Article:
By Jim Schutze
By Rachel Watts
By Lauren Drewes Daniels
By Anna Merlan
By Lee Escobedo
By Alice Laussade
By Scott Reitz
Since the dawn of time--or at least since Pat Boone took the tutti out of Little Richard's frutti and went to the top of the pops--white musicians have gotten rich and famous off the innovation of their black counterparts. No startling revelation here: the whiter the musician, the brighter the future--whether it was Boone, Elvis Presley, Eric Clapton, Vanilla Ice, even Stevie Ray Vaughan. In rock and roll, the black folks metaphorically still sit at the back of the bus--or the touring van, or the chartered jet. Next time you're at the grocery store (hell, at the record store) ask the guy behind the counter if he's ever heard of Lonnie Johnson, Willie Dixon, Buddy Guy. Probably not.
Guy--among the greatest blues innovators of a generation that also included Muddy Waters, Howlin' Wolf, and Otis Rush--has always known it, always been bothered by the inequalities (be they ones of finance or simple recognition), but he has always been too much of a gentleman to make much of a fuss about it. A peer of Waters and Wolf's during their days at Chess Records, heralded by Clapton in a 1986 interview as "by far and without a doubt the best guitar player alive," Guy nevertheless went for more than a decade without a record deal; no one would sign Guy to any sort of contract until Stevie Ray Vaughan, Clapton, and a handful of other superstars forced the issue in 1990--and even then, only Silvertone (a small subsidiary of the mammoth BMG distribution company) would take him.
But press him on the issue of race and the blues and Guy will admit to a frustration that has dogged him since the '60s, when Clapton and Jeff Beck and the Yardbirds and Creem and a myriad other white British "bluesboys" climbed to fame upon a ladder they had borrowed from black American musicians still stuck in the basement. Yes, their interest in the blues rescued many careers of the most influential players of the '50s, but the rockified blues of the British Invasion forever changed the complexion of the music--for better, or for worse.
"A friend of ours got a tune out and I may even record it, but I hate to do things like that," Guy says from his home outside of Chicago. "It's called, 'Something is Holding Me Back, I Wonder If It's Because I'm Black.' It often crosses my mind. But, you know, please believe me--I don't let that stop me because it's so great that I've had friends like Stevie, Eric, Jeff Beck, all these people. They have done more for me than any record company I have known. Oh, yeah, when they speak, record companies listen.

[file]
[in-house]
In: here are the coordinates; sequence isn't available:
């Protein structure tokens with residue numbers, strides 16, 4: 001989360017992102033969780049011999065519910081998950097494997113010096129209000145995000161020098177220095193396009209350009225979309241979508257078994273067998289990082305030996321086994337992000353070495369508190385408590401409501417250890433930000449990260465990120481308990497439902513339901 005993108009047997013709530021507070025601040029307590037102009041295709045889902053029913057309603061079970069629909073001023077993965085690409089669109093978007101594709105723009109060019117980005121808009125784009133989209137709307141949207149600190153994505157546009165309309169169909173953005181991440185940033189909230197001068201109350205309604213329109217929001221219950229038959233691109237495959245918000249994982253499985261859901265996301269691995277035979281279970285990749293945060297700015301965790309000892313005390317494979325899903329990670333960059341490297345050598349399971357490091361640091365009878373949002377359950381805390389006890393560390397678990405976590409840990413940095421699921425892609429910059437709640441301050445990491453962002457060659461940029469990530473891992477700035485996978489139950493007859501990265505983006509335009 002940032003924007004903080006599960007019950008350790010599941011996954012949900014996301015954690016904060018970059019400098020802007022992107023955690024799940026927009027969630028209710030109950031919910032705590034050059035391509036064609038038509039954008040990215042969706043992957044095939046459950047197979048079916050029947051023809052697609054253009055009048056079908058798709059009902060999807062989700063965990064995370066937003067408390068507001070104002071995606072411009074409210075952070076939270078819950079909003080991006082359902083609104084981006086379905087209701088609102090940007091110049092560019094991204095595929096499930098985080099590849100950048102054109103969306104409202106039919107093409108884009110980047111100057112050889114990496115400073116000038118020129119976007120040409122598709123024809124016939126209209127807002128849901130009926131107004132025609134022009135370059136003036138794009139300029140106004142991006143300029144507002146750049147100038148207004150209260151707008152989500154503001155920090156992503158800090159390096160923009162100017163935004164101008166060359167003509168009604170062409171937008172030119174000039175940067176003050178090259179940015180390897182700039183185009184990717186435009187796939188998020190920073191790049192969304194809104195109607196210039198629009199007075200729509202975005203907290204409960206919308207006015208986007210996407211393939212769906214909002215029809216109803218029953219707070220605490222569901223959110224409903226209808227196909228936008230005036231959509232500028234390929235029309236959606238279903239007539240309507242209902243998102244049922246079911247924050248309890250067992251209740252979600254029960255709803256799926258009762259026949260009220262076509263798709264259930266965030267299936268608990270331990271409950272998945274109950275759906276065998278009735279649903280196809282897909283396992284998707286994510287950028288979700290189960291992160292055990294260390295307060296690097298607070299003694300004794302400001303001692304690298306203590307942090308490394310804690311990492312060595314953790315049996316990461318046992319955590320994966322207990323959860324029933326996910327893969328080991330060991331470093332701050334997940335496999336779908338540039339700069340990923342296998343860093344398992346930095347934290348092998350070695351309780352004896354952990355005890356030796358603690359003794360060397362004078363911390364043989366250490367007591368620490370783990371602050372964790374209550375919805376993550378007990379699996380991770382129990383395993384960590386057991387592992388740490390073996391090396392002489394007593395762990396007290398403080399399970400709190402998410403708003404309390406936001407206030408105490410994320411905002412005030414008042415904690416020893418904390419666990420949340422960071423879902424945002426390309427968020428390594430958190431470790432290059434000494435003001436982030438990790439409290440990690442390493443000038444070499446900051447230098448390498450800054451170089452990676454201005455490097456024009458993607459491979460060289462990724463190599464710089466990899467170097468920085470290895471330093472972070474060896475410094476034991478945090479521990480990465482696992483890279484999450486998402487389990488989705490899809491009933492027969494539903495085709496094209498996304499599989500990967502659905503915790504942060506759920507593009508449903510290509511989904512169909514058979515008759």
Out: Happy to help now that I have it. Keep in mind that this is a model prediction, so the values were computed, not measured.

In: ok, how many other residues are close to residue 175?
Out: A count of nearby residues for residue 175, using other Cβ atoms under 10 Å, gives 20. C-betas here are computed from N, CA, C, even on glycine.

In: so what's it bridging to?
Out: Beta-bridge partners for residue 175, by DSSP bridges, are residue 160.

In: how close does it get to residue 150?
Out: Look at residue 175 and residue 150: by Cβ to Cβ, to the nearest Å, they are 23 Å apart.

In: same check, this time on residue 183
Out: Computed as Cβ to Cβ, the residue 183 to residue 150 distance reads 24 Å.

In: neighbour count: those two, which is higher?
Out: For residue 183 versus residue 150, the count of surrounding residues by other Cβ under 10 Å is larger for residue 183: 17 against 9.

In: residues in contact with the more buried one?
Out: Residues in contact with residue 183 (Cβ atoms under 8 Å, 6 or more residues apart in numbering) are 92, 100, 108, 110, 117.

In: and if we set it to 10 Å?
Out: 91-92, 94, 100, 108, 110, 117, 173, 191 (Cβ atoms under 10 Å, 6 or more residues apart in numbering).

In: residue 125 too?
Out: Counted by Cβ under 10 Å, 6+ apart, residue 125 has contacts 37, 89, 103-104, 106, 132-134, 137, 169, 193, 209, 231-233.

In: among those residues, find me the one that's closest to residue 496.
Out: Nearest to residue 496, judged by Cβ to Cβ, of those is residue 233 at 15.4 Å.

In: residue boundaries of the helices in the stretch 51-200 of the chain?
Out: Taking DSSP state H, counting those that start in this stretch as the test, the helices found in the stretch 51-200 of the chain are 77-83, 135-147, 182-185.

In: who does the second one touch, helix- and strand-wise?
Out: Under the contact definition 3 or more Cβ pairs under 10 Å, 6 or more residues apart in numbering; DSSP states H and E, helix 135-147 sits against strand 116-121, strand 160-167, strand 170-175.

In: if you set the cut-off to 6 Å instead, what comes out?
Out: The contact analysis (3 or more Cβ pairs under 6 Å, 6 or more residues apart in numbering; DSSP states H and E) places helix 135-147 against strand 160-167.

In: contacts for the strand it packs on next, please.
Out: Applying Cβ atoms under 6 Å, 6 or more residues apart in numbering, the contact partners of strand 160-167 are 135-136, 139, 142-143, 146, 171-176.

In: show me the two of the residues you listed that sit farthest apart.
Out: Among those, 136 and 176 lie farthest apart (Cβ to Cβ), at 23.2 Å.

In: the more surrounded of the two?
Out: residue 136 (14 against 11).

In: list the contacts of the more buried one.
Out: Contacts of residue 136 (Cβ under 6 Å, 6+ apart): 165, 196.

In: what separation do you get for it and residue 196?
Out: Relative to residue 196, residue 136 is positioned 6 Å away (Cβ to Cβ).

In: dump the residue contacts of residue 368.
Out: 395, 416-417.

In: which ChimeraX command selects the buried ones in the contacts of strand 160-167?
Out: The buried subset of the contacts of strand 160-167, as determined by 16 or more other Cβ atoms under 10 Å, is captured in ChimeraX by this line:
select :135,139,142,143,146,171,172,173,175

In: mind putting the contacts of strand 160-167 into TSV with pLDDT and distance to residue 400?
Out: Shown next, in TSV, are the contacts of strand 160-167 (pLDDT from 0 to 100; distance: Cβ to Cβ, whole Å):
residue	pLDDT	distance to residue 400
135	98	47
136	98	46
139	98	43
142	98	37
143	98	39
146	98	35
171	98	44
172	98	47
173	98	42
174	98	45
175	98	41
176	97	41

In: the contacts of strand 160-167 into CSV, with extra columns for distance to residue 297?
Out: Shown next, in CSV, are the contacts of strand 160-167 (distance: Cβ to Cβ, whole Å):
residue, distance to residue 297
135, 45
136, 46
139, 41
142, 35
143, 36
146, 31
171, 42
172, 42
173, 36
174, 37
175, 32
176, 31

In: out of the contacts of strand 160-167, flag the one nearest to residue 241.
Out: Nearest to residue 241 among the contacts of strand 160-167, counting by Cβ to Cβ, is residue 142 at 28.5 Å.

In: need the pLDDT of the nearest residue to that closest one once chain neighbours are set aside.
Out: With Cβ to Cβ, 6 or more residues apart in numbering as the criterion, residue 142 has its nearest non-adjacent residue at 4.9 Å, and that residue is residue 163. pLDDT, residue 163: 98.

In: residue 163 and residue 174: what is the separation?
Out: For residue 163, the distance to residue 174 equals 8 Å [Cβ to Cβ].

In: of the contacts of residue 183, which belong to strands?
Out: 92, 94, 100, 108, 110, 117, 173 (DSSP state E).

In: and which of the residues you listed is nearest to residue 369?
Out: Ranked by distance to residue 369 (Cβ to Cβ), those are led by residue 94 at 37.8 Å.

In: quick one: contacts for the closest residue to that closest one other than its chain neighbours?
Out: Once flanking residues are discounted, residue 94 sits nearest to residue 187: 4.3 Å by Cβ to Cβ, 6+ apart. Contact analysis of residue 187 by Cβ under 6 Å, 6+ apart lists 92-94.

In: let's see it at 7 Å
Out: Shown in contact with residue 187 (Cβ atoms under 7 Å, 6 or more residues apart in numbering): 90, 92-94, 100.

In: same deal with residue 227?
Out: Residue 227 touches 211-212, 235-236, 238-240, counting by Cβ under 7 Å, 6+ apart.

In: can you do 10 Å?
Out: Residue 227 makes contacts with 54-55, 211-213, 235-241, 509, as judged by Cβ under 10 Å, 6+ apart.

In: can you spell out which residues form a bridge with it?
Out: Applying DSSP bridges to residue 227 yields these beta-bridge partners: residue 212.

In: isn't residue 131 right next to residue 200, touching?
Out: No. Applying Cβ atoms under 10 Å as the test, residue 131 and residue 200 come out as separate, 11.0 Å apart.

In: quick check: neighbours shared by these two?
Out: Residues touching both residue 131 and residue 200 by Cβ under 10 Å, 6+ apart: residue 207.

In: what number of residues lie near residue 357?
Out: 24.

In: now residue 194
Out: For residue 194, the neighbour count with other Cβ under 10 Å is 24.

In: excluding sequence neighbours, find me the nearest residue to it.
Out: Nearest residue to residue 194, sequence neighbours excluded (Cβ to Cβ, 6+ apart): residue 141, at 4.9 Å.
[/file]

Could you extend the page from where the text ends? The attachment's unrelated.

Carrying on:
"But they can sell millions and billions of records, and then they can look back and say, 'Well, you know, I do this because of Buddy Guy.' But it's not like saying, 'I hit the baseball because of Willie Mays.' You know and everybody know who Willie Mays is, and he did hit it. I don't want to be Eric Clapton. I don't want to be Stevie. But I would love to drive down the street and say, 'Oh, they played an Eric and a Buddy Guy record yesterday.' They play Eric's four to five times a day at least, they should play mine once a week. But we not even gettin' that.
"It's like when Otis Rush and I was youngsters, we was standing outside a club during the heyday of Muddy Waters, and we was jokin' about who would fight who and who would win. And Otis told one of the horn players, 'Man, I'm gonna let you hit me every day of the week, just let me hit you on Sunday.'"
After all these years, listening as Lonnie Johnson begat Robert Johnson begat Son House begat Blind Lemon Jefferson begat infinity, it still remains the ultimate question of credit. Hendrix, for instance, did not spring from nowhere; he was often found at the foot of Buddy Guy's stage, a microphone in one hand and a tape recorder in the other, taking notes as though he were a student in the classroom. For each person who knows of a Muddy Waters or a Magic Sam, there are a thousand more who own an Eric Clapton record or 10.
To consider Clapton the primary source would be like asking the second-smartest kid in the class for an answer when the teacher's readily available; Clapton's From the Cradle album, released last year, may have been a return to his "roots," but Guy has never strayed. Clapton's record was hailed as the genuine article, it bounded to the top of the charts and garners extensive airplay on MTV and VH-1; Guy's Slippin' In, released a couple of months later, disappeared into the hands of only the small flock of the faithful.
And yet Guy still plays with the same power and excitement as when he first recorded in 1957, when he stepped into a Chicago studio and recorded the single "Sit and Cry"/"Try to Quit You Baby," backed by a band that included Willie Dixon on bass and Otis Rush on guitar. The sound that explodes from his fingers--a twanging squall of noise and beauty, a wave of feedback and distortion--remains unchanged after all these years; it is perhaps more refined, but it is no less dignified now than when it blew away Muddy Waters in Chicago the day Waters bought the starving young Guy a sandwich and made him his pupil.